Great! I was curious to see how it worked. My son was optimistic that he would be treated well.

Two hours later we sat down. I asked about the gluten-free options on the back of the menu, thinking that was a good place to start. “Yes, there’s a difference between the regular lettuce-wrapped chicken and the gluten-free lettuce-wrapped chicken,” I was told, “the gluten-free version uses a soy-based sauce.” Come to find out that pretty much every option on the GF menu substituted soy for wheat. Now, I’m not a big fan of soy, and in addition to my son’s allergies, I have had problems with it in the past, so we asked for the special list.

A few minutes later, the restaurant manager came by with a printout of things my son could eat. It went like this:

Chicken items available for you:
We’re sorry, there are no items for you in this category

Seafood items available for you:
We’re sorry, there are no items for you in this category

Meat items available for you:
We’re sorry, there are no items for you in this category

… and it went on like this for three pages.

In fact, the only items my son could eat were rice and a vegetable soup. That was it.

Needless to say, we were more than a little annoyed. The manager couldn’t have looked at the printout before he gave it to us, could he?

When our waiter returned, he explained that pretty much everything on the menu has hydrolyzed egg protein in it, and most items have soy. There was some good news. Our fabulous waiter worked with us and the kitchen. He managed to convince the chef to make a steak with no sauce. With steamed veggies and rice, my son was set.

What I learned is that PF Chang’s doesn’t accommodate, they restrict. They take an approach that says – if the way we make it you can’t eat it, then pick something else. In fact, what we need for them and all eating establishments to do is to accommodate – if the way they usually make it doesn’t work, then they should adapt their recipes and make something the food-allergic can eat.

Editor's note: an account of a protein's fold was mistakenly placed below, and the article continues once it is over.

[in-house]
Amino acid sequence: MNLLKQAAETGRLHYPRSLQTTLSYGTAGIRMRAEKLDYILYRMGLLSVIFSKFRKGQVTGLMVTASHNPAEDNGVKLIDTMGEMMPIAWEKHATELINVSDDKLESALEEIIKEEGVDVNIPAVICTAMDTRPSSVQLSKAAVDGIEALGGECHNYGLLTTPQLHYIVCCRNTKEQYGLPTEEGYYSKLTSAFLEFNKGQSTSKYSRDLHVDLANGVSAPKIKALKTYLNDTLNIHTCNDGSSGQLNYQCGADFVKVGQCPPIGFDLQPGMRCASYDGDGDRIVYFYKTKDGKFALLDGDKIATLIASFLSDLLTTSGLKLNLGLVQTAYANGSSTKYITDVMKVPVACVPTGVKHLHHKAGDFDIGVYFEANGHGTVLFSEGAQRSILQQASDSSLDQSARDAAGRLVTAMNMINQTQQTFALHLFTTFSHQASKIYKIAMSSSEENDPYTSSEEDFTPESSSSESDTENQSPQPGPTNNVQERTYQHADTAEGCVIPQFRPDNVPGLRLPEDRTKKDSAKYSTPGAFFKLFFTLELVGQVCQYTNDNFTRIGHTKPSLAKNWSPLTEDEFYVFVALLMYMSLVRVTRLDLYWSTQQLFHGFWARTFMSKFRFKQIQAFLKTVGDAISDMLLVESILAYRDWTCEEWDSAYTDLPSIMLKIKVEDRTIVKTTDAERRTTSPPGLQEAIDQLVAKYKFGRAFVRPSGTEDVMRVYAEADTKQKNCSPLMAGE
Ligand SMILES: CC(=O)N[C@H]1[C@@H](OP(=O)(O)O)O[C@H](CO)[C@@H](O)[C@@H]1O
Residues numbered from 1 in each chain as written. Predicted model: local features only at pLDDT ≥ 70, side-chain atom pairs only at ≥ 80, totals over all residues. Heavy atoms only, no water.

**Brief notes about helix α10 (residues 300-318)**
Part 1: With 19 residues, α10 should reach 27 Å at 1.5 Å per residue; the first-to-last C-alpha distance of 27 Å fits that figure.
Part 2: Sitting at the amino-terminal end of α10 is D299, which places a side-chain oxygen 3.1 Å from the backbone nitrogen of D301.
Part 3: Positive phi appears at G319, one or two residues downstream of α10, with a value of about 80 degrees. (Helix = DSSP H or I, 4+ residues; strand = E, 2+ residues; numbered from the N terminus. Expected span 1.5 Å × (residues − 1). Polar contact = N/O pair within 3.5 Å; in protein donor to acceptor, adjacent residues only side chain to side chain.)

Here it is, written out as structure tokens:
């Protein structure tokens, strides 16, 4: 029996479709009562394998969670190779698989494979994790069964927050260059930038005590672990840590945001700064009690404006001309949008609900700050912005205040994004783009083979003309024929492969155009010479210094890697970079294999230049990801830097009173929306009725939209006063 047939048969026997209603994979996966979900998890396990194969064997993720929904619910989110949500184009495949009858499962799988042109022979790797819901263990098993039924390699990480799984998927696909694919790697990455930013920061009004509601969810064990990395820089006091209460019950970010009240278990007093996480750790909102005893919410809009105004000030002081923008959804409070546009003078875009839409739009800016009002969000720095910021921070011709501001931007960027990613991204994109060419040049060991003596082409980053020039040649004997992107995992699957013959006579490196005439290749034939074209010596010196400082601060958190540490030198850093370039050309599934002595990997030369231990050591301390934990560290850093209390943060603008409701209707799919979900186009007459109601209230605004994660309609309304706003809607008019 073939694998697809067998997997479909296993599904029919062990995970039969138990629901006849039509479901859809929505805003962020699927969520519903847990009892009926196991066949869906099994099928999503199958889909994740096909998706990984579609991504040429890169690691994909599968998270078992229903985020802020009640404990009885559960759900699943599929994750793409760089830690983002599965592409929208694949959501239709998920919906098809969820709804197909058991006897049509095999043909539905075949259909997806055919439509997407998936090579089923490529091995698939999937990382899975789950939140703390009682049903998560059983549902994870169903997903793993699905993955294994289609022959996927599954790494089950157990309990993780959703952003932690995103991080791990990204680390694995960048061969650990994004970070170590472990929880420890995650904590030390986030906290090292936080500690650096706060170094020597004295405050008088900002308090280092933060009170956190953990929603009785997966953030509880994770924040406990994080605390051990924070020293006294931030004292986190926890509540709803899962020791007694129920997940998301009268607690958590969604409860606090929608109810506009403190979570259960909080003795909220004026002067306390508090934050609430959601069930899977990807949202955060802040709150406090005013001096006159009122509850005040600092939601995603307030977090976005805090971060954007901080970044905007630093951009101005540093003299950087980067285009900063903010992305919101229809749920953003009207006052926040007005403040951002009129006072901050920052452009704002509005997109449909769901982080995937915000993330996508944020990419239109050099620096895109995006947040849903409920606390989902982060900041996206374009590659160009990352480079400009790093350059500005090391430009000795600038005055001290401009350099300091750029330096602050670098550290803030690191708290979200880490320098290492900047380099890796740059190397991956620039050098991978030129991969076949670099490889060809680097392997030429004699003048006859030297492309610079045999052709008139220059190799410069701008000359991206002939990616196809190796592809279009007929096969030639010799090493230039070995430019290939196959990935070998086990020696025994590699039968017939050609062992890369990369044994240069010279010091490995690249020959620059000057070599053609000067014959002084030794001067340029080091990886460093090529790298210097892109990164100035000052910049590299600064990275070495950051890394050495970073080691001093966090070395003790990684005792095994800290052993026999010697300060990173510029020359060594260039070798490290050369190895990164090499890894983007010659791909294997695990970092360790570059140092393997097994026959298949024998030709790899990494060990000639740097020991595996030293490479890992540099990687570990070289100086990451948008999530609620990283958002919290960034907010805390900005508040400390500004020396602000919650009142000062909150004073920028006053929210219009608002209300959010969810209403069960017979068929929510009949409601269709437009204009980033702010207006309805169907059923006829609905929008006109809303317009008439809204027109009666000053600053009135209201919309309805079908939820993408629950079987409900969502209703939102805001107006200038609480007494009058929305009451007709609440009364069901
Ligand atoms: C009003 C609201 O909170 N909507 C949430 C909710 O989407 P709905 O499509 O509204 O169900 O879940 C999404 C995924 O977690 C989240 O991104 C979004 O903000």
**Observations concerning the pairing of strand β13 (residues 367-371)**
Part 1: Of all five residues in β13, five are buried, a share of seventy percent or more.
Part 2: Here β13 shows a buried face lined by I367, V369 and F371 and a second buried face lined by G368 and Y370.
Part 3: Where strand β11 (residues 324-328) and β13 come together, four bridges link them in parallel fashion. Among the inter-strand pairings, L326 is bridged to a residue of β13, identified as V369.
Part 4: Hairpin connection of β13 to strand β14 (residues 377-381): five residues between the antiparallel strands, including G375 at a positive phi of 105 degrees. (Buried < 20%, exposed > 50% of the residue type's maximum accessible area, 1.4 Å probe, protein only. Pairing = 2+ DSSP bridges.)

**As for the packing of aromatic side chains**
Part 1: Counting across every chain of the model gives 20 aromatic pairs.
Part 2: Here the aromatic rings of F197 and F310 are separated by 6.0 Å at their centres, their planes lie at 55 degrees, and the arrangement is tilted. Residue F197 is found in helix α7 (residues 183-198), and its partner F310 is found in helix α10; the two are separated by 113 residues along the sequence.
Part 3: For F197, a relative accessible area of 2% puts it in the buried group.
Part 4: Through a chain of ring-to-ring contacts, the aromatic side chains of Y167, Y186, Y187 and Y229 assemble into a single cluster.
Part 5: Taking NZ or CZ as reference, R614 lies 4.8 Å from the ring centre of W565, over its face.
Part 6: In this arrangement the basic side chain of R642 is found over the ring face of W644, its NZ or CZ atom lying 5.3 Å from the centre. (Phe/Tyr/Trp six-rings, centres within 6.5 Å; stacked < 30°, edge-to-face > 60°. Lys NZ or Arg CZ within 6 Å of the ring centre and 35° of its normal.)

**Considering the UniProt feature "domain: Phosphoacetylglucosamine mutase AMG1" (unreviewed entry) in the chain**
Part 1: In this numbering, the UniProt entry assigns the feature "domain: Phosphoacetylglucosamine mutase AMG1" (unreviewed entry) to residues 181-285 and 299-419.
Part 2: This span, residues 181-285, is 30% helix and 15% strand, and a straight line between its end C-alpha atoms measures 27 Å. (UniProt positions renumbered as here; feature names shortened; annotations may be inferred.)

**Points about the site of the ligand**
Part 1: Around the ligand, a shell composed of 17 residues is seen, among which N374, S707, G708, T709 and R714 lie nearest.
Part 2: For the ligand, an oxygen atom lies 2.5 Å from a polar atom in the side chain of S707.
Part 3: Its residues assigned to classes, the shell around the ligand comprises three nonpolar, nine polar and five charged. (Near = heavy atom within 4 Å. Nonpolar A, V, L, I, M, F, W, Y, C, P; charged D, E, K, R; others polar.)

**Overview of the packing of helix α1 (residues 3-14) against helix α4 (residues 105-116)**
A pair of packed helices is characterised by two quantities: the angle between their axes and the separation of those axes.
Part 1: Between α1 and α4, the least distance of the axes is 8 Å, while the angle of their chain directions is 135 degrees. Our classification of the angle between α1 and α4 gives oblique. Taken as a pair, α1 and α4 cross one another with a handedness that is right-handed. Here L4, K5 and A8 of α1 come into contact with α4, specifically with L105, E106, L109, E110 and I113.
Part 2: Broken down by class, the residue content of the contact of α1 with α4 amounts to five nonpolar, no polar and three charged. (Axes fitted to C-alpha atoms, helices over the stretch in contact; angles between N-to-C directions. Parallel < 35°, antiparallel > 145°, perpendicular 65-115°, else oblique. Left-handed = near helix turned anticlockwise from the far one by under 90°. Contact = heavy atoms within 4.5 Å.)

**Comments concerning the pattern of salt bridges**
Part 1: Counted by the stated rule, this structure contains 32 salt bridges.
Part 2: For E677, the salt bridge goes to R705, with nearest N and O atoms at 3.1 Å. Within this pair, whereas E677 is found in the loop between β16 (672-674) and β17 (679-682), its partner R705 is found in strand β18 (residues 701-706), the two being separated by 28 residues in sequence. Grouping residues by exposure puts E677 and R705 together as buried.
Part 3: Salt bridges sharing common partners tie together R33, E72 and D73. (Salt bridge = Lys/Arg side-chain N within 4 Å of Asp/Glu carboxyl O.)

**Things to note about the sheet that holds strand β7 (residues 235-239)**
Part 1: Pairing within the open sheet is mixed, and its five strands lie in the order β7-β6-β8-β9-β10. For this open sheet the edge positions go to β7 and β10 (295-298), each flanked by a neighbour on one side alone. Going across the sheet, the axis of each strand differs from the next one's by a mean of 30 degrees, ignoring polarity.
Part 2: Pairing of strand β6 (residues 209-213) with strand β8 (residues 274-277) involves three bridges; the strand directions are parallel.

What do you think? Can a restaurant be too restrictive?

Monday, November 1, 2010

An Allergen-Free Holiday - Apple Raisin Pie

Here in the Hudson Valley apples are in season. Apple orchards surround our community. There are farms where you can pick your own apples, and there are plenty of local apple selections available at the grocery store. What does that mean?

Pies, of course.

Even when I was baking with wheat I was afraid of pies. For years I was a slave to the Pillsbury pie crusts that you get at the grocery store and unfold into your pie plate. But I have discovered that gluten-free pie crusts can actually be easier than wheat crusts. You don’t have to worry about the crust staying in one piece – you can just glue it back together with your fingers and no one will be able to tell!

Today I am sharing my recipe for Apple Raisin Pie. You’re gonna love this one!

Apple Raisin Pie

Filling Ingredients:

4 cups chopped apples
½ cup raisins
½ cup sugar
¼ cup sweet rice flour
½ tsp cinnamon
2 tbsp lime juice

Pie Crust Ingredients:

1 cup brown rice flour
½ cup sweet rice flour
2/3 cup potato starch (not potato flour)
½ cup tapioca starch
1 ½ tsp baking soda
1 tsp salt
2 tbsp sucanat
10 tbsp Earth Balance shortening
½ cup water
4 tbsp apple cider vinegar


1. Prepare filling: By hand, combine apples and raisins in large bowl. Toss with lime juice. Add sugar, sweet rice flour and lime juice. Toss to coat apples. Set aside.
2. Prepare pie crust: Combine flours, baking powder, salt, and Sucanat in large mixing bowl, by hand.
3. Using a pastry cutter, mix in Earth Balance, water, and vinegar.
4. Continue combining until a pasty mixture forms.
5. Separate pie crust mixture into two equal amounts.
6. Roll out first crust, and gently place in greased pie pan.
7. Add filling.
8. Roll out second crust. Gently place over pie pan, crimping the two crusts together.

Bake at 350 degrees for 45 minutes. Serve warm, or let cool.


If a pastry cutter is not available, use your hands.
Gluten-free pie crusts can easily be repaired by sticking additional pie dough where the damage occurs. There is no need to rise.
Roll out crusts between two sheets of waxed paper, then gently peel paper back to release the crust.
2 ½ cups of your favorite gluten-flour mix can be substituted for the pie crust flours.


Don't forget to download The Allergen-Free Holiday Cookbook from Smashwords. I am offering this free to readers of Learning to Eat Allergy-Free through the end of 2010. Use Smashwords coupon code “AA48Y. If you like it, I’d appreciate it if you post a review on Smashwords!